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The Best Champagne Brands

Discover the best luxury Champagne brands and what makes them so special.


There is a dizzying amount of Champagne brands out there, but our selection of the best Champagne brands in the world stands above the rest. These houses produce everything from delicious nonvintage Champagnes to ultra-rare single-plot releases. Here, we explain what each house is known for, so you can explore different Champagne brands with confidence. Want to brush up on how Champagne is made? Be sure to read our guide to Champagne and sparkling wine here


Krug Grand Cuvée

Krug produces several stunning Champagnes, and it takes a different approach from other producers. It makes what’s technically a nonvintage Champagne, Grande Cuvée, but it’s so much more than your typical nonvintage offering. Krug’s chef de cave, Julie Cavil, applies the same high level of craftsmanship to the Grande Cuvée as she does its vintage and single-plot Champagnes. Grande Cuvée is also far more expensive than many of the best vintage Champagnes, including Dom Pérignon.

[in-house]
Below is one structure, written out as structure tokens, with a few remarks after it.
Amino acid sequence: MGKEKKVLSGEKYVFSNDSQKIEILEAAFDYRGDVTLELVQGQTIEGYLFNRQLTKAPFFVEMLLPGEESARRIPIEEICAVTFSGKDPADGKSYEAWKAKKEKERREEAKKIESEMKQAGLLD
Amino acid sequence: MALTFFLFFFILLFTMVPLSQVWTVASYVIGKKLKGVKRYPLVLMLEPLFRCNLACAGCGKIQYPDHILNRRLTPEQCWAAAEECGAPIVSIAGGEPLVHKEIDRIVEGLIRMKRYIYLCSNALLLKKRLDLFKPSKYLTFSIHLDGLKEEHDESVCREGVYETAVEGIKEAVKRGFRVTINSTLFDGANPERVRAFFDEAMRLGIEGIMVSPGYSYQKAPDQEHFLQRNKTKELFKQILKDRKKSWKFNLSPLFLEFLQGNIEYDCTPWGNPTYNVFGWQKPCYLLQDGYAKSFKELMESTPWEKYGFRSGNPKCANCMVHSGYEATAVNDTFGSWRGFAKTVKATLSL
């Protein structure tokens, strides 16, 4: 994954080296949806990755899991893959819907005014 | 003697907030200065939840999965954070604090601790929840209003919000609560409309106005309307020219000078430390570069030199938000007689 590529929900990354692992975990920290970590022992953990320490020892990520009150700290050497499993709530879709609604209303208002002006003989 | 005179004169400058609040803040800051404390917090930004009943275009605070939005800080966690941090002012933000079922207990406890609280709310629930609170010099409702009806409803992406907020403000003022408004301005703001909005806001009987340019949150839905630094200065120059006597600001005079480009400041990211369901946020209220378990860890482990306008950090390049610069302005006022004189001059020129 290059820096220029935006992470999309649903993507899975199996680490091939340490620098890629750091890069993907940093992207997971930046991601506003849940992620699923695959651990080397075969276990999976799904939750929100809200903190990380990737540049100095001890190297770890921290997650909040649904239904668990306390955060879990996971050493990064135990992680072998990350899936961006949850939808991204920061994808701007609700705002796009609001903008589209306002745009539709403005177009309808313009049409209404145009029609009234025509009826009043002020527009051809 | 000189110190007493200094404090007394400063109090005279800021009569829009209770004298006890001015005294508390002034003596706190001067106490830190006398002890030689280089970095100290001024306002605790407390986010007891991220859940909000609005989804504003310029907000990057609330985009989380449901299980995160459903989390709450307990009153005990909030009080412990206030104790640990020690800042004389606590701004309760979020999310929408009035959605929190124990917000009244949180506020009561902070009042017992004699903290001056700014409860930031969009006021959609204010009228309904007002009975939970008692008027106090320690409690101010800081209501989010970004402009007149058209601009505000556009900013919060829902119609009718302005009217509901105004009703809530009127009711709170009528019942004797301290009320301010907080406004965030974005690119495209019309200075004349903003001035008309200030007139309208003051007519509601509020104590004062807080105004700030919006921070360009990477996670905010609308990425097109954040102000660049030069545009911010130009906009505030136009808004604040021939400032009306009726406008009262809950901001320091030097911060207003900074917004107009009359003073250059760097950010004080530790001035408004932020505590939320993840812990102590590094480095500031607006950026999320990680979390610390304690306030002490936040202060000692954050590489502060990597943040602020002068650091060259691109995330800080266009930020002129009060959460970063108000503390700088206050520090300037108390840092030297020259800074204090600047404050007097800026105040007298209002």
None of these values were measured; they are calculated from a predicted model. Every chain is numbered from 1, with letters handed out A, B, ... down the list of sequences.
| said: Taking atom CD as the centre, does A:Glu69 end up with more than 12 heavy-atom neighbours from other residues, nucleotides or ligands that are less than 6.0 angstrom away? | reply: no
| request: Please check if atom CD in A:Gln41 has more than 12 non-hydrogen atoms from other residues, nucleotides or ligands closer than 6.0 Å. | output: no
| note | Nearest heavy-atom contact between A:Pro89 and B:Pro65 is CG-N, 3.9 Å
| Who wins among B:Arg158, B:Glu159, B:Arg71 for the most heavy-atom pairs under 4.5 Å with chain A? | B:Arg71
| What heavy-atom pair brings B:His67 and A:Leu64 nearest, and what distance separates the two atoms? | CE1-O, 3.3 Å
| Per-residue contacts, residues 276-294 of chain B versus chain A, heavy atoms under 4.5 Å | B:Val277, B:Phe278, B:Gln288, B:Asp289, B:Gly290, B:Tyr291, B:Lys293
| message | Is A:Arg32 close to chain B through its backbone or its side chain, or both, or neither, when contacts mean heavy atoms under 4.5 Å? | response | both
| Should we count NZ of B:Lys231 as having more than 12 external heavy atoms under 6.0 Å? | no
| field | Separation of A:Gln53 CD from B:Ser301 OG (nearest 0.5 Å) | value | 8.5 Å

What makes Krug’s Grand Cuvée one of the best Champagnes in the world? Krug’s team blends more than 120 wines from over 10 years — each aged individually — to create a consistent house style and achieve a richness that’s impossible in each individual vintage. 

While Krug is certainly one of the best Champagne brands in the world, and a favorite of many collectors, it’s not the household name that larger brands are. Why? Krug has a smaller production than most of the other best Champagne brands because a tasting committee tastes and approves every single reserve wine and the final assemblage (blend). Even if Krug wanted to increase production, they couldn’t do so and keep the same level of artisanship. As Cavil once told me, they simply don’t have enough time to taste more wines, a hallmark of Krug’s production and assemblage. 

In addition to the Grande Cuvée, which comes in brut and rosé styles, Krug produces a vintage Champagne in select years, as well as a very rare single-plot wine, Clos du Mesnil. 

Dom Pérignon

Dom Perignon at Four Seasons Bogata
Dom Perignon at Four Seasons Bogata

Dom Pérignon started as the prestige cuvée of Moët & Chandon and has since become one of the most famous wines in the world. It produces brut and rosé Champagnes, which each age for around seven years, as well as Plénitude 2 and 3, which age for approximately 15 and 30 years, respectively.